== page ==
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Geomagnetic Storms

Geomagnetic storm is a perturbation of the geomagnetic field of high intensity, embracing simultaneously the whole Earth, lasting from several hours to several days, caused by the arrival in the neighborhood of the Earth of disturbed solar wind streams and their interaction with the Earth's magnetosphere. Geomagnetic storms are a manifestation of the amplification of the Earth's ring current, constantly existing in the area of radiation belts of the Earth.

It is customary to distinguish magnetic storms with a sudden commencement and a storm with gradual commencement.
In the case of Storm Sudden Commencement (SSC, SC) against the background of the smooth progress of all elements suddenly there is a jump, which is simultaneously occurring within one to two minutes on all world stations. Especially sharply this jump manifests itself in the magnitude of the horizontal component, which suddenly increased by tens of gammas.
A magnetic storm does not always develop after the appearance of such a jump. In such cases, a sudden commencement is called a Sudden Impulse(SI).

In the case of a gradual beginning of a storm , perturbations arise as a gradual increase in the amplitude of all elements, while the initial moment, with the accuracy with which it is established for storms with a sudden commencement, can not be determined. In this case, the moments of the beginning of the storm, determined at different stations, can stand apart from each other for an hour or more.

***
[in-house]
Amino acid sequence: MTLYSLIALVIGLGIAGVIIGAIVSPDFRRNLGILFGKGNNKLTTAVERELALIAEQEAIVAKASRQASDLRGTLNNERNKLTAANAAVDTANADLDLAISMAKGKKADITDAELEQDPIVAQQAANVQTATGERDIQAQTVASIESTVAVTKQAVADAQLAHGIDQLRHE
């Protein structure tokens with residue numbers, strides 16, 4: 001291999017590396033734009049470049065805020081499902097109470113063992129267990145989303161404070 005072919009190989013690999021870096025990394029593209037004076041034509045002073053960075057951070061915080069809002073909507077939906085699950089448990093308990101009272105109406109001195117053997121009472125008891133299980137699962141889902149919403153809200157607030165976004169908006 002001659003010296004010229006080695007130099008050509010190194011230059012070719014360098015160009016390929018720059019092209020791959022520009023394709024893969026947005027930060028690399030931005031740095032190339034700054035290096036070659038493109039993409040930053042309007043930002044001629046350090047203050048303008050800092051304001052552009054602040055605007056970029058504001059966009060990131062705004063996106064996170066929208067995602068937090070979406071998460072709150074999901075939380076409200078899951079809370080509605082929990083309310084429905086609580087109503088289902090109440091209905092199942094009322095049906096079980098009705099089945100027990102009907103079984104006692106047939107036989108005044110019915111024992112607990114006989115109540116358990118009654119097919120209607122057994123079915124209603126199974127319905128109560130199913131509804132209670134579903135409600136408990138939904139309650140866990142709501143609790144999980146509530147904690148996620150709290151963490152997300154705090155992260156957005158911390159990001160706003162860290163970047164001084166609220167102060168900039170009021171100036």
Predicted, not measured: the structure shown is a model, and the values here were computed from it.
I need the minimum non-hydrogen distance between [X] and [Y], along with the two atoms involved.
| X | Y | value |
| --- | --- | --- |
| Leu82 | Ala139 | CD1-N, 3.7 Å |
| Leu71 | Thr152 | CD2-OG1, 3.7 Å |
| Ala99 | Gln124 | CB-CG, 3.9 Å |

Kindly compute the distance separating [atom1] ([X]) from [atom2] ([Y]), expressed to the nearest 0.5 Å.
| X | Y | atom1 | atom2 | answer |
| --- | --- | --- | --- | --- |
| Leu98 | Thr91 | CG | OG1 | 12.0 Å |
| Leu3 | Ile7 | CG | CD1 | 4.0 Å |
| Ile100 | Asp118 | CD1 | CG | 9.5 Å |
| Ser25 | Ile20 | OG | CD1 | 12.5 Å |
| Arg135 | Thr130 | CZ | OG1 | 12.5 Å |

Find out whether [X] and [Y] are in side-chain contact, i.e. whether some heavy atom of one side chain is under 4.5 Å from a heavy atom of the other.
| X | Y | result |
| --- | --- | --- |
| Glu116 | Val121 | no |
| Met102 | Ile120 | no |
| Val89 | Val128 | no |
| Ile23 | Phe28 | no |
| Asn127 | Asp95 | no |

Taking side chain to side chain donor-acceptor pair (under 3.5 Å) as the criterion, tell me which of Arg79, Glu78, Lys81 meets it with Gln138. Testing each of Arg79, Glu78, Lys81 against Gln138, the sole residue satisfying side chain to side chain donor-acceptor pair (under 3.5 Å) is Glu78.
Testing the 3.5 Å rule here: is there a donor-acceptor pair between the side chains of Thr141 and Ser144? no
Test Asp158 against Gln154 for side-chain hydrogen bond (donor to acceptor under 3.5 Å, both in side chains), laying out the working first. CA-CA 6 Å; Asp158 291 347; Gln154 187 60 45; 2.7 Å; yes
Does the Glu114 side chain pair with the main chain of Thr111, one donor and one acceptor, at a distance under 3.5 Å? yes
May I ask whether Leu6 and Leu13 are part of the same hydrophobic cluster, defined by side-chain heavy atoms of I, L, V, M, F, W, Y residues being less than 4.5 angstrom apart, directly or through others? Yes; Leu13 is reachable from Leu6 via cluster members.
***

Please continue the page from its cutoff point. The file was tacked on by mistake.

Storms by intensity (magnitude of amplitude) are usually divided into weak, moderate and large.
The magnitude of the geomagnetic storm is usually described by Dst and Kp indices.
The catalogs of magnetic storms contain information about the time of storms occurrence, their duration and intensity.

Catalogues of Geomagnetic Storms

1.  Summary catalogue of magnetic storms (1938 - 1948).
        Guide to the variable magnetic field of the USSR. Edited by V.I. Afanasyeva.
        Research Institute of Terrestrial Magnetism. Hydrometeorological Publishing House,
        Leningrad, 1954. P. 3-8, 188-267.

2.   Afanasyeva V.I., Bychkova A.K.
        Summary catalogue of magnetic storms for 1949 - 1958.

        Institute of Terrestrial Magnetism, Ionosphere and Radio Wave Propagation of the USSR Academy of Sciences.
        Moscow, 1979.

3.   Afanasyeva V.I.
        Catalogue of magnetic storm families for the period of 1957 - 1964.

        Preprint.
        Institute of Terrestrial Magnetism, Ionosphere and Radio Wave Propagation of the USSR Academy of Sciences.
        Moscow, 1968.

4.   Afanasyeva V.I., Bychkova A.K.
        Catalogue of geomagnetic storm families for the period of 1965 - 1975.
        and statistical regularities of geomagnetic activity.

        Institute of Terrestrial Magnetism, Ionosphere and Radio Wave Propagation of the USSR Academy of Sciences.
        Moscow, 1977.

5.  Catalogue of magnetic storms.
        Observatory Slutsk (1878-1940),   Observatory Verkhnya Dubrava (1938-1948),   Observatory Moscow (1950-2010).

        Editor Kh.D. Kanonidi.
        Pushkov Institute of Terrestrial Magnetism, Ionosphere and Radio Wave Propagation, Russian Academy of Sciences.
        Troitsk, 2012.

6.   Mishin V.M., Naidenova N.Ya., Platonov M.L.,S Shchukina T.B.
        Magnetic Storms from Observations in Irkutsk in 1908 - 1959.

        Catalogue of magnetic storms according to the Irkutsk Magnetic Observatory (Zuy) for 1908 - 1959.
        Siberian Institute of Terrestrial Magnetism, Ionosphere and Radio Wave Propagation,
        Siberian Branch of the USSR Academy of Sciences.
        Publishing house of the USSR Academy of Sciences, Moscow, 1963.


7.   Afanas'eva V.I., Ayuushzhav G., Chimiddorzh G., Shevnin A.D.
        Catalog of magnetic storms in Ulan-Bator Observatory for 1966 - 1985.

        Appendix to the book "Alternating magnetic field on the territory of the Mongolian People's Republic".
        Ed. Lugovenko V. N.
        Moscow, Nauka, 1988. pp. 86-179.

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